"Fifteen years ago we did a promotion on the 70th anniversary of that historic game," Bernabe recalled. "Musco Lighting (the Iowa firm that's been an industry leader since 1976) was here, and we shut down the regular lights so they could relight the ballpark at the same candlepower Keyser installed in 1930. It seemed dark by comparison."
That dazzling new video board that Bernabe has to play with this year? "We haven't even turned it up to full power yet," he said, smiling. Even at 75 percent, it's impressive.
That opening night crowd downtown swelled to more than 12,000, about the size of the one at Sixth and Holcomb on May 2, 1930. It was the biggest one the I-Cubs have ever drawn in the month of April. The ballpark made for a nice vantage point on a beautiful night to scan the skyline at dusk and take a whiff of the breeze coming off the river mixing with the one coming off the stadium grills.
Maybe Lee Keyser was tossing and turning in his grave that night. The postgame fireworks show was loud and bright enough to wake the dead.
About the Des Moines Demons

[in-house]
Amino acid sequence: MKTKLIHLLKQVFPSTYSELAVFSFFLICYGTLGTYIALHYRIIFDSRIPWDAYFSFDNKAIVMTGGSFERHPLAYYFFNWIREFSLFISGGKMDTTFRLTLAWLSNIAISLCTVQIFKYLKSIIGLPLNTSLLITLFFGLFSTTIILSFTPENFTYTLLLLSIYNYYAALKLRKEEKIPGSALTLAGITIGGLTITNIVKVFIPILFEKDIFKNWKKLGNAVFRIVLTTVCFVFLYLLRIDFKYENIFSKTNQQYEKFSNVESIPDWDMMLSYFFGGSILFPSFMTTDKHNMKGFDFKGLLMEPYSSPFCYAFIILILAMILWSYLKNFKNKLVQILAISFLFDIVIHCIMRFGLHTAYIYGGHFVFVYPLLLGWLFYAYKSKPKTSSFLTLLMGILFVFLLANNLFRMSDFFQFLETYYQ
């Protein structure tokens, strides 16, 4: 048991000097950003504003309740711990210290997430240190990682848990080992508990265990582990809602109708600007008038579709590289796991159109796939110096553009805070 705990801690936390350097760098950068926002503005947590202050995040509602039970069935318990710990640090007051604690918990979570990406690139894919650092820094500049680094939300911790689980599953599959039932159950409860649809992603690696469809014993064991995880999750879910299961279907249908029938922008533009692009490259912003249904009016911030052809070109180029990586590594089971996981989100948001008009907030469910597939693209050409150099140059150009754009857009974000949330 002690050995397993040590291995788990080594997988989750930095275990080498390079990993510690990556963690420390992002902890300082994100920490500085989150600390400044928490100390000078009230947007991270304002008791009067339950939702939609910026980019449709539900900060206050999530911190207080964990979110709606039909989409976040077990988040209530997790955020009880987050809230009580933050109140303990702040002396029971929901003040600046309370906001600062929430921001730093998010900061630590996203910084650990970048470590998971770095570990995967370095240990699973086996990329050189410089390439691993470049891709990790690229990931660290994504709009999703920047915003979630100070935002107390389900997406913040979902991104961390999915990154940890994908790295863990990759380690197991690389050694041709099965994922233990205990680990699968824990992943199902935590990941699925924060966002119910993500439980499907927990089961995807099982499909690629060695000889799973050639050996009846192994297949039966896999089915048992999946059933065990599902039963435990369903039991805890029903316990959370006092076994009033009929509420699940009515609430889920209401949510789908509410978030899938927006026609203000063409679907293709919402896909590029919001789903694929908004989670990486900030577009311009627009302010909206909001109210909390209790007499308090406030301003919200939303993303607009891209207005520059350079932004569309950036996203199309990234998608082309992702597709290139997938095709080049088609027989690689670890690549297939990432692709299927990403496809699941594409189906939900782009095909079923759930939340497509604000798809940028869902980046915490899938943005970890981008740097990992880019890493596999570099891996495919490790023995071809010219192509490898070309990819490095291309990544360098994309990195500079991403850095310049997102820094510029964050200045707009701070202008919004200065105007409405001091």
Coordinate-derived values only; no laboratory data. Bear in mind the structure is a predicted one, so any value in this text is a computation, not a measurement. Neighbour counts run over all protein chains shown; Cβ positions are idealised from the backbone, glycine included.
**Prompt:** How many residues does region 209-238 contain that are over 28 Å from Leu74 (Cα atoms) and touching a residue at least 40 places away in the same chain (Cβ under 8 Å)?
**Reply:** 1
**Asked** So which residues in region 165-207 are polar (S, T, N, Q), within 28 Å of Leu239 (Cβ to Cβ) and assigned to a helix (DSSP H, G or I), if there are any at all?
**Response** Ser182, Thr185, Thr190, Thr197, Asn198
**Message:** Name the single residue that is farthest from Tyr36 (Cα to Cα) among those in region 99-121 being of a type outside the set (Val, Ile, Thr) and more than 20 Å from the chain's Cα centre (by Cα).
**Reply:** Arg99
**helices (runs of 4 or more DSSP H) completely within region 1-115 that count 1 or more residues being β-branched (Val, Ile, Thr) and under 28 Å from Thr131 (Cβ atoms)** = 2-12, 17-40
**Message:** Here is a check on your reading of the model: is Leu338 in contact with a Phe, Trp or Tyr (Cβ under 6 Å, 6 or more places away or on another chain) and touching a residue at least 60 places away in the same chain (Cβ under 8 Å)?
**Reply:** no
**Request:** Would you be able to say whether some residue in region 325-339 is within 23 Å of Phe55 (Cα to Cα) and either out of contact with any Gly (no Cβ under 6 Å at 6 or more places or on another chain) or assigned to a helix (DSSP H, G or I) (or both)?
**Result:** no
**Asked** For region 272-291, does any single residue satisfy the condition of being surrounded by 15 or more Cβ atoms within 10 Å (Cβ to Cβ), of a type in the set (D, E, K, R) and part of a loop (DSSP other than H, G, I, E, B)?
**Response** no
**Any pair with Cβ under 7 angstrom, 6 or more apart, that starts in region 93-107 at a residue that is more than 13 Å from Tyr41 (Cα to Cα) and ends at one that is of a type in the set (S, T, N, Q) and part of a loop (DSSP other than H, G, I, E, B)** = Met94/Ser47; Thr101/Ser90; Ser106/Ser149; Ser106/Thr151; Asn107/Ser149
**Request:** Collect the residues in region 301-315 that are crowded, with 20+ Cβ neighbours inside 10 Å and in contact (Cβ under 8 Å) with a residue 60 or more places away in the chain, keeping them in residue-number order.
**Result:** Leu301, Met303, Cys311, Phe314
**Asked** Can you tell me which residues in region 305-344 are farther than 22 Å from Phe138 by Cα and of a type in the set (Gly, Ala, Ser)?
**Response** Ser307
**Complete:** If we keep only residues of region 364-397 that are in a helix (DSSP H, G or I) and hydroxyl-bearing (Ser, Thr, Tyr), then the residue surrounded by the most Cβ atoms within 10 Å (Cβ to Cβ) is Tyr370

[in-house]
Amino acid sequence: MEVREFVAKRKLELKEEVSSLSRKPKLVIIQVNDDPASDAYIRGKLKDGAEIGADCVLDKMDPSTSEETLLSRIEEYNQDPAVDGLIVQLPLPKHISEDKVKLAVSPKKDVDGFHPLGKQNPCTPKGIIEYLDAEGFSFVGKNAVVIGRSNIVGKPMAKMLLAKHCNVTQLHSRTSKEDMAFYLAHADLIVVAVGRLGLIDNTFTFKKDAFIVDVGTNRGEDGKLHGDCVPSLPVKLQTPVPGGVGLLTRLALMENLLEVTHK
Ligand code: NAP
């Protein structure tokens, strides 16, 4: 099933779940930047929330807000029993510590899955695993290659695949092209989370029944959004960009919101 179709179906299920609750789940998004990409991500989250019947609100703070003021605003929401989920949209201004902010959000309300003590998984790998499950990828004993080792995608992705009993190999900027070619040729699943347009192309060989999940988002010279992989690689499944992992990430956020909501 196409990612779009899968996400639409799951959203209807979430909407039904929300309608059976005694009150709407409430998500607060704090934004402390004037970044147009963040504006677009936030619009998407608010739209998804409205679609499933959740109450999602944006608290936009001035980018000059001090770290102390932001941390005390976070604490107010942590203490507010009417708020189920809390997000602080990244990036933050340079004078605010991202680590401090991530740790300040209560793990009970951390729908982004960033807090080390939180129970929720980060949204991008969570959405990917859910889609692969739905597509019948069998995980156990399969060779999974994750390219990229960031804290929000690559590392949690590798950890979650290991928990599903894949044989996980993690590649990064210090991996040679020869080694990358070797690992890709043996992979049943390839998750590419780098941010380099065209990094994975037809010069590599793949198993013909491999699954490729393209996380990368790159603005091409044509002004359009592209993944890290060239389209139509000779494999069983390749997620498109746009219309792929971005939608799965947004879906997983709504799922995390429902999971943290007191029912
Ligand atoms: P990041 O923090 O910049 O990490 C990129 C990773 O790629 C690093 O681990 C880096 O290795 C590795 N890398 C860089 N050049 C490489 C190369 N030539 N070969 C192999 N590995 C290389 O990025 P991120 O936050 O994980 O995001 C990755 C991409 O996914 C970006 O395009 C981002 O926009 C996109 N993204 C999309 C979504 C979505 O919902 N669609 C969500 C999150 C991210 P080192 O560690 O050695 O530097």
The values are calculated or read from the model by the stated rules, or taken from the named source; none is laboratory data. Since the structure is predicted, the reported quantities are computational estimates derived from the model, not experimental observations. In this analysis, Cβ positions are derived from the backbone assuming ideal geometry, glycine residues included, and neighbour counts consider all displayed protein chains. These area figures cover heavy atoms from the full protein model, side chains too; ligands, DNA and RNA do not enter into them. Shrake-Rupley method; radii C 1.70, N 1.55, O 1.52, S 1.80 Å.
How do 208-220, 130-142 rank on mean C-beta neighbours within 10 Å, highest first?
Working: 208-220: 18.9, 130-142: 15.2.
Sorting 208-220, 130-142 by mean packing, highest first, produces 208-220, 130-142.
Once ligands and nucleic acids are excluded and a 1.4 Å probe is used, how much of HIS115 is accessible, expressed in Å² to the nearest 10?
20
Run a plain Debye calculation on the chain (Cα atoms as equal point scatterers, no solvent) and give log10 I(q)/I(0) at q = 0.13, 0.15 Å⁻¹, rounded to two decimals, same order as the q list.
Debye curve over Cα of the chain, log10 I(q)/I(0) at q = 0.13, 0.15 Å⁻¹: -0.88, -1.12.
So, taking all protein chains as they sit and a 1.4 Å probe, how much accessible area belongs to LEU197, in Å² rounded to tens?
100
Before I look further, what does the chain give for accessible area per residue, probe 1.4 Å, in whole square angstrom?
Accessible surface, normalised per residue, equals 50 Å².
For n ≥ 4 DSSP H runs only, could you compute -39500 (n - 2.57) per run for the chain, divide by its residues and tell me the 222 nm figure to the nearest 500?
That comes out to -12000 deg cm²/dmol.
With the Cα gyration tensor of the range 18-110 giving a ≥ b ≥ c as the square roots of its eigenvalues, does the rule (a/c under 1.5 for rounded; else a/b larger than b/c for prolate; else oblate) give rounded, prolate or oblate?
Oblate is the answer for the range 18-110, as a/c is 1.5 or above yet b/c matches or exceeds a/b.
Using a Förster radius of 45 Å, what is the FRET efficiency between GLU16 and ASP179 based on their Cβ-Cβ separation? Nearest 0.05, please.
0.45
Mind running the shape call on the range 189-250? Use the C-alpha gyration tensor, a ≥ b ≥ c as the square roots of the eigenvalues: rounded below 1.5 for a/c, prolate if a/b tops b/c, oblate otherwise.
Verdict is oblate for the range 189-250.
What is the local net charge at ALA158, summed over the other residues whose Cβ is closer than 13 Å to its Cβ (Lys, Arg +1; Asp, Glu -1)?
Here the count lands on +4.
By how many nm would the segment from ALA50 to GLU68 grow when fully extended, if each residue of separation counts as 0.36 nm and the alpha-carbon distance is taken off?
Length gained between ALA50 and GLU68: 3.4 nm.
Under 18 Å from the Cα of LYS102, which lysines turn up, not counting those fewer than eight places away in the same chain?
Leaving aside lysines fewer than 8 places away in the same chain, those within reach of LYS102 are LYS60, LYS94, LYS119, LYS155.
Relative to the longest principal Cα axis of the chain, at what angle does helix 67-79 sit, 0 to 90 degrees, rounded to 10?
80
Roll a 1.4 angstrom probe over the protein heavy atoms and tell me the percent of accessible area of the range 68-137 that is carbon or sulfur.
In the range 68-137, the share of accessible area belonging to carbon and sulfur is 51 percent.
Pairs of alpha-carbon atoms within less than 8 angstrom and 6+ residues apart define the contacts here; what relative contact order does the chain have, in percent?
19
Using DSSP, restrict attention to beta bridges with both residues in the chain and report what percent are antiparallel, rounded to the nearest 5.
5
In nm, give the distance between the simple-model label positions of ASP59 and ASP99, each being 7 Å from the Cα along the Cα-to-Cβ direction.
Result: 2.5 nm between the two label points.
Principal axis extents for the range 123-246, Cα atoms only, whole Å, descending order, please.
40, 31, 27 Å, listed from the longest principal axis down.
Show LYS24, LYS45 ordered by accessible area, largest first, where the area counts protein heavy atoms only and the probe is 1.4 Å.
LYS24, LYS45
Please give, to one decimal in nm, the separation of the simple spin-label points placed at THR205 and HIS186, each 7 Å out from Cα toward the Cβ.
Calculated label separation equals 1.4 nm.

Who were those Demons that history so dramatically, if briefly, brought to light? The Register playfully called them the "Imps" sometimes in headlines, like the Pittsburgh Pirates are called the Bucs.
Al Van Camp hit .343 that year. Was his nickname "Beans"? Stan (The Man?) Keyes was the star slugger. He got four hits that momentous night. In 1931 he won the Western League Triple Crown, the highlight of a long career that didn't end until he was 41 — still toiling away at Class B — in 1940. Buckshot May was a so-so pitcher with a great moniker.
Then there was Les Cox. He must have been a favorite target of the bench jockeys around the league. Bud Tinning was the winning pitcher on May 2, 1930. The next year he went 24-2 in the Western League and eventually logged some seasons in the big leagues with the Cubs.
This article originally appeared on Des Moines Register: Iowa's Lee Keyser was behind first baseball game under stadium lights